Bruckner suggested using his Te Deum as a Finale, which would complete the homage to Beethoven's Ninth symphony (also in D minor). The problem was that the Te Deum is in C Major, while the 9th Symphony is D Minor, and, although Bruckner began sketching a transition from the Adagio key of E Major to the triumphant key of C Major, he did not pursue the idea. There have been several attempts to complete these sketches and prepare them for performance, as well as completions of his later sketches for an instrumental Finale, but only the first three movements of the Symphony are usually performed.

Sacred choral works Edit

Bruckner wrote a Te Deum, settings of various Psalms (including Psalm 150 in the 1890s), various motets (among them settings of Christus Factus Est and Ave Maria), and at least seven Masses. His early Masses were usually short Austrian Landmesse for use in local churches and did not always set all the numbers of the ordinary. The three Masses Bruckner wrote in the 1860s and revised later on in his life are more often performed. The Masses numbered 1 in D minor and 3 in F minor are for solo singers, chorus and orchestra, while No. 2 in E minor is for chorus and a small group of wind instruments, and was written in an attempt to meet the Cecilians halfway. The Cecilians wanted to rid church music of instruments entirely. No. 3 was clearly meant for concert, rather than liturgical performance, and it is the only one of his Masses in which he set the first line of the Gloria, "Gloria in excelsis Deo", and of the Credo, "Credo in unum Deum", to music. (In concert performances of the other Masses, these lines are intoned by a tenor soloist in the way a priest would, with a psalm formula).

Other music Edit

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As a young man Bruckner sang in men's choirs and wrote music for them. This music is rarely played. Biographer Derek Watson characterizes the pieces for men's choir as being "of little concern to the non-German listener". Of thirty such pieces, Helgoland is the only secular vocal work Bruckner thought worthy enough to bequeath to the Vienna National Library.

The Overture in G minor is occasionally included in recordings of the Symphonies, and it is one of the works Bruckner wrote during his apprentice with Otto Kitzler. At that time he also wrote a March in D minor and three short orchestral pieces. These works already show hints of Bruckner's emerging style.

A String Quartet in C minor was discovered decades after Bruckner's death, but is only of interest as a student composition. The later String Quintet in F major, contemporaneous with the Fifth and Sixth Symphonies, has been frequently performed.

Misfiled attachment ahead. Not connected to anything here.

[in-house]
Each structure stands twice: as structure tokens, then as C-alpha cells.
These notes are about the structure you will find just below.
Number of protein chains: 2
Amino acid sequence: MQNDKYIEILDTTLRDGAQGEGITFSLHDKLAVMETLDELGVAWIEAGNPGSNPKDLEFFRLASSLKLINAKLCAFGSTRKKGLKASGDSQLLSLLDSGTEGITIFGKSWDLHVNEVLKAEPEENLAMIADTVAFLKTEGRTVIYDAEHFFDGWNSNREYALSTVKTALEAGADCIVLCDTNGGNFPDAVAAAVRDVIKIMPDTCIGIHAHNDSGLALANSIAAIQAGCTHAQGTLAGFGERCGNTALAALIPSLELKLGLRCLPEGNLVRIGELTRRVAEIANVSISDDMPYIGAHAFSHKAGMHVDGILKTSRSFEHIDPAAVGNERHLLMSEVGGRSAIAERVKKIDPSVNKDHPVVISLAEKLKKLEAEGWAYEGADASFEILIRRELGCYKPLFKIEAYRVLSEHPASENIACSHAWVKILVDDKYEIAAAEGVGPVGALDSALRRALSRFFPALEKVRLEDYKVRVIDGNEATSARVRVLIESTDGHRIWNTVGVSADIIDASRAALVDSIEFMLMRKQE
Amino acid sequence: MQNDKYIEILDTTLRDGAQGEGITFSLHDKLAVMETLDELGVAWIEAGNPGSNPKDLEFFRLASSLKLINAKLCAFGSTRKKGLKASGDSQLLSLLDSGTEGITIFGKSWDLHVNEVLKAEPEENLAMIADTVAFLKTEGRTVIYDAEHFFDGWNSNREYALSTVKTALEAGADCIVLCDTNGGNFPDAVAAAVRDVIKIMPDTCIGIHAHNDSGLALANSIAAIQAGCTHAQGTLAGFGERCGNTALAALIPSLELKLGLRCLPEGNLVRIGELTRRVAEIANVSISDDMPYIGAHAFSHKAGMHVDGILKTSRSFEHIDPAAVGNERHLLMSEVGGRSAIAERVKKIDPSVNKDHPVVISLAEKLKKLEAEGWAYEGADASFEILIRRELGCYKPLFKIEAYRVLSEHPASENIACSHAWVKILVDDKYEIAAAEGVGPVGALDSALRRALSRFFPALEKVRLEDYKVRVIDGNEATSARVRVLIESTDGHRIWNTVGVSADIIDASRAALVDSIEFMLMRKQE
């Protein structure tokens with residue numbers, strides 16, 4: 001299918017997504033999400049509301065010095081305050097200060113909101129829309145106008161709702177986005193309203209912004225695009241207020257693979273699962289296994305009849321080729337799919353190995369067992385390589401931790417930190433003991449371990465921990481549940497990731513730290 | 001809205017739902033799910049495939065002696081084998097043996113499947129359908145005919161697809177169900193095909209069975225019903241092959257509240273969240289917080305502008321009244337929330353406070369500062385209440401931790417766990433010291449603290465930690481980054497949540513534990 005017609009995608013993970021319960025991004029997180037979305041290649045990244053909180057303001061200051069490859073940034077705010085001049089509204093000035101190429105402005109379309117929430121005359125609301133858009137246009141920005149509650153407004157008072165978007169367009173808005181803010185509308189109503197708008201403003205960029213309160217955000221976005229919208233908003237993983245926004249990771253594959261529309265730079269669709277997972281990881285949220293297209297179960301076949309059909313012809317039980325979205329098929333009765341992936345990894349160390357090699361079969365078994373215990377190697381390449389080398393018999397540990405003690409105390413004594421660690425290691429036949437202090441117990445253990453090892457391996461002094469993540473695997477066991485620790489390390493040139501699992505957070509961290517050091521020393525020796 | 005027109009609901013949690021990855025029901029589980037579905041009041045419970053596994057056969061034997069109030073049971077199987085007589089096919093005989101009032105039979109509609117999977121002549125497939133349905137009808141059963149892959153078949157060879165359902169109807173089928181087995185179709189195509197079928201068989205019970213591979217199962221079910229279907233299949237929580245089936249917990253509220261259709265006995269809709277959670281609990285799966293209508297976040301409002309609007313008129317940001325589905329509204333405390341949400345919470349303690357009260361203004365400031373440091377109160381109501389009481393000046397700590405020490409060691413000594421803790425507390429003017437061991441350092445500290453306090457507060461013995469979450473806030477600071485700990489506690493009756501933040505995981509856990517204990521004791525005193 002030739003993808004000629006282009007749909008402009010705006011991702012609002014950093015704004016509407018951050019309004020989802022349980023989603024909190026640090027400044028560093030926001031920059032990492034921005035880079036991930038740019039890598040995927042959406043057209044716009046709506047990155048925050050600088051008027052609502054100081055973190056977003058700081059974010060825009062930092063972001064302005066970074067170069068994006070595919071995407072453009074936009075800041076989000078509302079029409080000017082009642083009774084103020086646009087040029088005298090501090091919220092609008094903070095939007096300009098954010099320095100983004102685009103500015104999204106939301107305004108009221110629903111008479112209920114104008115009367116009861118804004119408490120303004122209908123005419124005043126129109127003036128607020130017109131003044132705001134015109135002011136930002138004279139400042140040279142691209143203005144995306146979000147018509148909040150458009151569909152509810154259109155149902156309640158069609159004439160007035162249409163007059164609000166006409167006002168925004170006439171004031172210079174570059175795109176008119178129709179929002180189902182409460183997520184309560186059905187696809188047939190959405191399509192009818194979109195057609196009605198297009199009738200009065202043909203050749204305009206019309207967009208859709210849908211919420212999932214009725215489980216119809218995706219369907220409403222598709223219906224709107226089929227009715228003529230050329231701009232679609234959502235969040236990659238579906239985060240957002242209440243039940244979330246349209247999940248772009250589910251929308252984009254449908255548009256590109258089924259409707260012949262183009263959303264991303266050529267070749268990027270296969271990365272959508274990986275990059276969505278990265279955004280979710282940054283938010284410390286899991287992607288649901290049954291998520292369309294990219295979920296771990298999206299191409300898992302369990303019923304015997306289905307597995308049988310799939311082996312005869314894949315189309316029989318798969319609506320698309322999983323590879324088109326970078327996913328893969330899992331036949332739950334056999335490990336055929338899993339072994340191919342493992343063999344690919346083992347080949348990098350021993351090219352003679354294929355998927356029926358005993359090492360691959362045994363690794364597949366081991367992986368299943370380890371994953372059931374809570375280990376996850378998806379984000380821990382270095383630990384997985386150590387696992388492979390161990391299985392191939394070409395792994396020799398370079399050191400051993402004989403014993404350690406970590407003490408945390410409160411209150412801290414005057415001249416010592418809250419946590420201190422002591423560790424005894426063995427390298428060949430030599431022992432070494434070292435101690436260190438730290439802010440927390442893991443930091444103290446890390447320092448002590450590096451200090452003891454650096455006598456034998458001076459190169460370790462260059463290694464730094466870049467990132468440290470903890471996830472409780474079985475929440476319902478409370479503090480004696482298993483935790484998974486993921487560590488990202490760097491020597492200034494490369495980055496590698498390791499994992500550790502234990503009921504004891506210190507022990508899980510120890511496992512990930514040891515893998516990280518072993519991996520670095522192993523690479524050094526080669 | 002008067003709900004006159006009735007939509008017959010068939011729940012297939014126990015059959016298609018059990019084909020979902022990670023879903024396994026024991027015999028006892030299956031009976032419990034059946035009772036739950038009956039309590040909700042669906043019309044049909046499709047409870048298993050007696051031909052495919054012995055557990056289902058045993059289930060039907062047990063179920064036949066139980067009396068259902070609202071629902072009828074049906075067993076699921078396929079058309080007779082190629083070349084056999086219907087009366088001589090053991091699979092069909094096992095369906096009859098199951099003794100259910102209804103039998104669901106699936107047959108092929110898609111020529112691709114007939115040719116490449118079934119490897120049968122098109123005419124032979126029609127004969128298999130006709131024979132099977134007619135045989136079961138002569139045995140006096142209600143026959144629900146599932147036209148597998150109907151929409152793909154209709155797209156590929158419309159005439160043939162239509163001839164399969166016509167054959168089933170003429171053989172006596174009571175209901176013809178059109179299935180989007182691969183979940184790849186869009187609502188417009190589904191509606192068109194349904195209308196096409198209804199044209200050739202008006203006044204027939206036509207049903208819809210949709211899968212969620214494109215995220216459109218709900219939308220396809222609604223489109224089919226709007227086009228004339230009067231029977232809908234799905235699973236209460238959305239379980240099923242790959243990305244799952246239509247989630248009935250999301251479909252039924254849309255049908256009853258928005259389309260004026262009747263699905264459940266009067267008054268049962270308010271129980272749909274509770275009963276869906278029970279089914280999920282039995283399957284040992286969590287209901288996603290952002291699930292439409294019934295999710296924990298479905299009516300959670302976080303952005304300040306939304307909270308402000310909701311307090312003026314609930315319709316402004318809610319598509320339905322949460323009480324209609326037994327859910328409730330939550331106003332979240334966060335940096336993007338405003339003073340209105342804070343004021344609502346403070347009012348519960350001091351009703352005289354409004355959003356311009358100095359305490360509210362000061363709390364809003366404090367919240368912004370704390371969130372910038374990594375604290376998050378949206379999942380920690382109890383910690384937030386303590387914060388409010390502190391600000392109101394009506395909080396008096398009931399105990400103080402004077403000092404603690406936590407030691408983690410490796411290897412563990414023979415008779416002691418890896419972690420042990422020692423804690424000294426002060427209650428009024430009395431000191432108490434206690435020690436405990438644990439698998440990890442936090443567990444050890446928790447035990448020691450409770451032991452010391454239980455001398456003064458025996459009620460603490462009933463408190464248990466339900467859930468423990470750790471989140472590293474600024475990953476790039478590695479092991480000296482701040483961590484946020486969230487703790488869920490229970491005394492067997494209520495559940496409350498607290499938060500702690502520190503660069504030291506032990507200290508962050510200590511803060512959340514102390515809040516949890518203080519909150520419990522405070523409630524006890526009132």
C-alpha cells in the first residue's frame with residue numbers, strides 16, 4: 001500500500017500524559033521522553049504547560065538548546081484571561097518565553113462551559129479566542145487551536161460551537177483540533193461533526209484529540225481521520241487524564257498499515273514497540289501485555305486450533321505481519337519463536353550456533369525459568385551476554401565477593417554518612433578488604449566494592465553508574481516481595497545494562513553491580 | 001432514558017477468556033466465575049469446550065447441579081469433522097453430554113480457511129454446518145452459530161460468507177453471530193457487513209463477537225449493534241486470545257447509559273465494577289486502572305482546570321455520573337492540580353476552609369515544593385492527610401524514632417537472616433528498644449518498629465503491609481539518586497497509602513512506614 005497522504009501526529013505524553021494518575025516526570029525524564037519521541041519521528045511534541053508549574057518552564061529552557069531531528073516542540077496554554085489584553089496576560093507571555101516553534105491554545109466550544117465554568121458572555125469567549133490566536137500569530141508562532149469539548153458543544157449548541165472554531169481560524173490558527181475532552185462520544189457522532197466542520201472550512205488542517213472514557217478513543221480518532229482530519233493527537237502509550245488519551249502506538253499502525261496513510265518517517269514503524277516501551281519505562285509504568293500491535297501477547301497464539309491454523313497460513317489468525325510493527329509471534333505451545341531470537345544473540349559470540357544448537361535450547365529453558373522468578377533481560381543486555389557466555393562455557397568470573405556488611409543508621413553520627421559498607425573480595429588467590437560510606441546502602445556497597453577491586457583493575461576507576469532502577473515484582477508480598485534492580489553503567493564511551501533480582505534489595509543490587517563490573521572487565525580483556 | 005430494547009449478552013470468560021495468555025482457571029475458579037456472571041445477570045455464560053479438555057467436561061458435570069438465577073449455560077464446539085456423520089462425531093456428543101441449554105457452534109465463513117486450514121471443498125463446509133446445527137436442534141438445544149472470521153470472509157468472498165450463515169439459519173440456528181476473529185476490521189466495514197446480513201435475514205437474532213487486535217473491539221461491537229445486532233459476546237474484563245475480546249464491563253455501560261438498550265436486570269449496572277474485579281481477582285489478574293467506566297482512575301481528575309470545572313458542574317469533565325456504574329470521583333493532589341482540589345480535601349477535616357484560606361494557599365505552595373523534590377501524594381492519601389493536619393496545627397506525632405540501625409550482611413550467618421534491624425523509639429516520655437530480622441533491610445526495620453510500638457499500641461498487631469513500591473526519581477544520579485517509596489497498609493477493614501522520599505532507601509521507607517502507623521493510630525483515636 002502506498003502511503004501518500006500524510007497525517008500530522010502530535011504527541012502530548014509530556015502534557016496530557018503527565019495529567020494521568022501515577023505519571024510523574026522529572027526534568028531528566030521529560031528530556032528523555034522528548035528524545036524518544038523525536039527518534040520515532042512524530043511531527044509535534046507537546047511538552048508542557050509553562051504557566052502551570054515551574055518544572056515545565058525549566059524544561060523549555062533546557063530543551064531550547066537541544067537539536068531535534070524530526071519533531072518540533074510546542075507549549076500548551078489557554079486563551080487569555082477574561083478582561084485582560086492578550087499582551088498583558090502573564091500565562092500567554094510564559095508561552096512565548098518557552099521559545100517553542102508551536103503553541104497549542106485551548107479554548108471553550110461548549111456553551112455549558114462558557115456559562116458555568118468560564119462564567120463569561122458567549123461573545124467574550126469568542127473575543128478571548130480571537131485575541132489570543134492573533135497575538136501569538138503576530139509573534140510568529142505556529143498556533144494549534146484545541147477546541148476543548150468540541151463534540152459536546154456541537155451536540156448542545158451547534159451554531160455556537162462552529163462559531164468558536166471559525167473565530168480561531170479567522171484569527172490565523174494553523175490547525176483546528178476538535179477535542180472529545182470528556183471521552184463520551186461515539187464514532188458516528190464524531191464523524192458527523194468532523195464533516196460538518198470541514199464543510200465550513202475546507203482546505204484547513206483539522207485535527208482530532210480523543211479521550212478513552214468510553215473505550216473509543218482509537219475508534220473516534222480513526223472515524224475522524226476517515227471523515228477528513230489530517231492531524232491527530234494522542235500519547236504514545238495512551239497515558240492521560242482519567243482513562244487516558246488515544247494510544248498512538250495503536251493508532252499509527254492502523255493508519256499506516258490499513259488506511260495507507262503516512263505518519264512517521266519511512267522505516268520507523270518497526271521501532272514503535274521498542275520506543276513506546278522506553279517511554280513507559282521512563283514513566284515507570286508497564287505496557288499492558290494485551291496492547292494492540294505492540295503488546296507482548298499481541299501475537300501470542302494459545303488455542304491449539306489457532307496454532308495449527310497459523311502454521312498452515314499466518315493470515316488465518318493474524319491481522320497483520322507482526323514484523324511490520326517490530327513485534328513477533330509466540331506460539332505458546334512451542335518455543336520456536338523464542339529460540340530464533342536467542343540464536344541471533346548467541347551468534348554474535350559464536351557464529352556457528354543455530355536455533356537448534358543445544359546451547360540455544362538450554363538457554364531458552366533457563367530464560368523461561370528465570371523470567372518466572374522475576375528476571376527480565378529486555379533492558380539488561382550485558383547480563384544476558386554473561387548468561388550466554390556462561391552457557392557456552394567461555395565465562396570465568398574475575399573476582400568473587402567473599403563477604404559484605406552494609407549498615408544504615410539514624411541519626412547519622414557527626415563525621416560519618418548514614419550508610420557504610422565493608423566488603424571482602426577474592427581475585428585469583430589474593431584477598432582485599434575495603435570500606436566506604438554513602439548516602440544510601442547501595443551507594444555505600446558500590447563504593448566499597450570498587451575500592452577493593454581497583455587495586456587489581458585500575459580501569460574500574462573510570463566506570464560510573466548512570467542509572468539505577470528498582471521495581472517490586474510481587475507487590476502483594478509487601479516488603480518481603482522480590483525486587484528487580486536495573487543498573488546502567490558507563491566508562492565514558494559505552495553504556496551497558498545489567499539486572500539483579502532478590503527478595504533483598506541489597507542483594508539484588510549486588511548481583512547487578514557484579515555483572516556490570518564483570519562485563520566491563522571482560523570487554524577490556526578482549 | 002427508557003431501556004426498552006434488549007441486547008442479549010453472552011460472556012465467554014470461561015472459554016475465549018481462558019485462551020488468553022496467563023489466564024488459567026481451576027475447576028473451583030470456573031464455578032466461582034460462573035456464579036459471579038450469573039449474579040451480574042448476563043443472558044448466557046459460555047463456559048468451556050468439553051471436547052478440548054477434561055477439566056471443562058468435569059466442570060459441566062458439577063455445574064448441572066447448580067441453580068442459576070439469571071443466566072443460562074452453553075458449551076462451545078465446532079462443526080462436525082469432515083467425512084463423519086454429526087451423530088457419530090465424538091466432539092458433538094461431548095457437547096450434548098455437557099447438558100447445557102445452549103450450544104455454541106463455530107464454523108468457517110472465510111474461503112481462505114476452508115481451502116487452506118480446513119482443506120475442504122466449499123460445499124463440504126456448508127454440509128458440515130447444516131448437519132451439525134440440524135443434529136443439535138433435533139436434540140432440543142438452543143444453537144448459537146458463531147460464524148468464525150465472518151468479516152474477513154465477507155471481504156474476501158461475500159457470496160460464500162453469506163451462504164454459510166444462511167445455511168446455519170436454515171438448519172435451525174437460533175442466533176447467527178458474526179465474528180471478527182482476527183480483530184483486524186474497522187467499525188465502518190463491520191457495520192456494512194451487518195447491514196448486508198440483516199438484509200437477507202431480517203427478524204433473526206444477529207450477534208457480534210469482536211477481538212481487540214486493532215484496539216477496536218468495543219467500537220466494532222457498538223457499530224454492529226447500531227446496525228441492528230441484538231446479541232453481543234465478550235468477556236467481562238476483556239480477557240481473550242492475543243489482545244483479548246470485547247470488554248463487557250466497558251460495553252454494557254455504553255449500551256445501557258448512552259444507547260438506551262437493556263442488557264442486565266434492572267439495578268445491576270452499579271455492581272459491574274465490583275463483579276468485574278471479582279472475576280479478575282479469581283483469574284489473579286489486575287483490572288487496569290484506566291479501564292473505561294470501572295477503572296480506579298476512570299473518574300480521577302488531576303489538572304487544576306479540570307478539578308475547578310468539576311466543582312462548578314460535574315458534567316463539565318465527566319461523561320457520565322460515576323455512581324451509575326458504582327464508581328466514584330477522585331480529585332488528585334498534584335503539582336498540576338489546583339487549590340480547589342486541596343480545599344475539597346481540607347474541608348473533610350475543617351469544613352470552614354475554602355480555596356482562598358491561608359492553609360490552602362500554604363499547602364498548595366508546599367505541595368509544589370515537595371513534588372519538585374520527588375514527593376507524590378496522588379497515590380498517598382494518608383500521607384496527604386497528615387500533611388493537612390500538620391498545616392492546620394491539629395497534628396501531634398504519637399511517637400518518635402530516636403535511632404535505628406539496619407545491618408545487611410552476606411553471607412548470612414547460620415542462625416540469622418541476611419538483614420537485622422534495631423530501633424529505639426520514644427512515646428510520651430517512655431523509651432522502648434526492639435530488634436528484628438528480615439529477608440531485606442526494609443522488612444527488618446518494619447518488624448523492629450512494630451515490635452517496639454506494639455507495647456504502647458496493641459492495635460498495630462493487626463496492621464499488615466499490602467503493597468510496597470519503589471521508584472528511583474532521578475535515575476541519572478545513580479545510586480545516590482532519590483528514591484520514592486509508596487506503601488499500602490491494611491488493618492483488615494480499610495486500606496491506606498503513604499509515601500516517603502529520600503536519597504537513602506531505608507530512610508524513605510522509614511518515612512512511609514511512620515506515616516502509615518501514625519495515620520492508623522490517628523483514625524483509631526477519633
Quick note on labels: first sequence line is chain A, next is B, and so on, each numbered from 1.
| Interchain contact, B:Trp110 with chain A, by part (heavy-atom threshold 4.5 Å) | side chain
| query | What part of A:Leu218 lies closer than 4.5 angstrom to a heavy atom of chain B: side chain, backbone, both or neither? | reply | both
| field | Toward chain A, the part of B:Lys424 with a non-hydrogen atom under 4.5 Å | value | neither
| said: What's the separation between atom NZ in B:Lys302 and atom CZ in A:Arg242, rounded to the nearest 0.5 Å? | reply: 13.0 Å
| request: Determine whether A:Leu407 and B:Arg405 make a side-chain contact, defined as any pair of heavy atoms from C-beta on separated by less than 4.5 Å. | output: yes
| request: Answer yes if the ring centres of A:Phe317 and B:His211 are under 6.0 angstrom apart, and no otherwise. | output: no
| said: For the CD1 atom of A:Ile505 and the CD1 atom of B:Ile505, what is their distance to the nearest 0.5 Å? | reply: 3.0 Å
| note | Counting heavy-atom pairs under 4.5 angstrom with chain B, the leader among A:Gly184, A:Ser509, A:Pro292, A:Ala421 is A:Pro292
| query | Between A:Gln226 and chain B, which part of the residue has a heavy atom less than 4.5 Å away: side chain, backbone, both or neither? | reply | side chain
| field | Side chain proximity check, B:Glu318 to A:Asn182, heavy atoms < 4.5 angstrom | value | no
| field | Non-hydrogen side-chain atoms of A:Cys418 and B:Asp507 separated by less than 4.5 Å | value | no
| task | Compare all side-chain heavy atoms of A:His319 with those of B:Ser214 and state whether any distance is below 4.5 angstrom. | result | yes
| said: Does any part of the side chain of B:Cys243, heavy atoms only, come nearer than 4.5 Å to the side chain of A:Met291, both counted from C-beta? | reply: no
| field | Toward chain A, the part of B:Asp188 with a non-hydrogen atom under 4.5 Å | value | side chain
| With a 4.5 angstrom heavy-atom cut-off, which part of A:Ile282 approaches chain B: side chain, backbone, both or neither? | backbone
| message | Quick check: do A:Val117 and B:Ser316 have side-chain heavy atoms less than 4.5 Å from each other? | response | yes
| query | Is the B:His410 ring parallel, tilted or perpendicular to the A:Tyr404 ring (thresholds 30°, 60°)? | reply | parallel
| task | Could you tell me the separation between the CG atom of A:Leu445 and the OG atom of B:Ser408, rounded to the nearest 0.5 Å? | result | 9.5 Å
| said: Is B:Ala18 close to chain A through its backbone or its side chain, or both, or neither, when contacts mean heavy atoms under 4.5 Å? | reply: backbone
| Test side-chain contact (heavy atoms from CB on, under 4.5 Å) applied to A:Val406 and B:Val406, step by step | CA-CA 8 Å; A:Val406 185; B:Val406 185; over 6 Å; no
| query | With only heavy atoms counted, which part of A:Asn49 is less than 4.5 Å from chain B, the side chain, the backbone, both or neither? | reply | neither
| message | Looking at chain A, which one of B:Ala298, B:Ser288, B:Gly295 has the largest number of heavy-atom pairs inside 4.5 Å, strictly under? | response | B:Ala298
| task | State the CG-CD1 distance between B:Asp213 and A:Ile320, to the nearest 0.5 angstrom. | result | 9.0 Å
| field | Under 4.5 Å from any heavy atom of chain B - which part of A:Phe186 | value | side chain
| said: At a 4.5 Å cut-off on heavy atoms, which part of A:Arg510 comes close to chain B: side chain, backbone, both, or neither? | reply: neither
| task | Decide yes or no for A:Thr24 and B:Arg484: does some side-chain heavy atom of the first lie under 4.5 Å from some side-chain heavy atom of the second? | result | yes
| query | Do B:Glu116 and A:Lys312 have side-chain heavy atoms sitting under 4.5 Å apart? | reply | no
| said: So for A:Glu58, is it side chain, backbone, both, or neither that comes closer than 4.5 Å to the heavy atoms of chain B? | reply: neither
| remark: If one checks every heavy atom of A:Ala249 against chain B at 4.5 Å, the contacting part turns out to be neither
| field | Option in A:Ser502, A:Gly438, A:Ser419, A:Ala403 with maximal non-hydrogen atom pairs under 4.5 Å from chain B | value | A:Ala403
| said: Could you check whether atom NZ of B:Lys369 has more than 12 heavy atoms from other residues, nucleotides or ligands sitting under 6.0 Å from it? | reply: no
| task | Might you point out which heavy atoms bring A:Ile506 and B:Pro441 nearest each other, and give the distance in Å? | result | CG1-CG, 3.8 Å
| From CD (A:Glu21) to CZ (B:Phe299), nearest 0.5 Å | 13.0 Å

There is an orchestral Symphonic Prelude that is sometimes attributed to Bruckner and sometimes to Mahler. It was discovered in the Vienna National Library in 1974 in a piano duet transcription and later orchestrated by Albrecht Gürsching. It is likely the work of one of Bruckner's students.

Bruckner's Two Aequale for three trombones is a solemn, brief work.

He also wrote Lancer-Quadrille for piano. Among his most unusual and evocative compositions is the choral Abendzauber (1878) for tenor, yodelers and four alpine horns. It was never performed in Bruckner's lifetime.

Reception in the 20th Century Edit

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The study of Bruckner today remains prominent among orchestrators and composers to address the problems Bruckner encountered in an age when the orchestra itself was expanding in size.

The National Socialists approved of Bruckner and Hitler even consecrated a bust of Bruckner in a widely photographed ceremony in 1937 at Regensburg's Walhalla temple. This was in part because Hitler, like Bruckner, hailed from near Linz -- Hitler from Braunau-am-Inn, Bruckner from Ansfelden. In addition, Bruckner, like Hitler, idolized Wagner and Hitler also identified with Bruckner as an artist rejected by the establishment in Vienna (which included Jews). Thus Bruckner's humble origins and Wagnerism were emphasized while his religiousness was downplayed. When Herbert von Karajan wanted to play Bruckner's Fifth Symphony in Aachen together with the motets, the Party disapproved. The Adagio from Bruckner's 7th Symphony was broadcast by the German radio (Deutscher Reichsrundfunk) upon announcing the news of Hitler's death on May 1, 1945.

Among the conductors most associated with the works of Bruckner are (in chronological order of birth):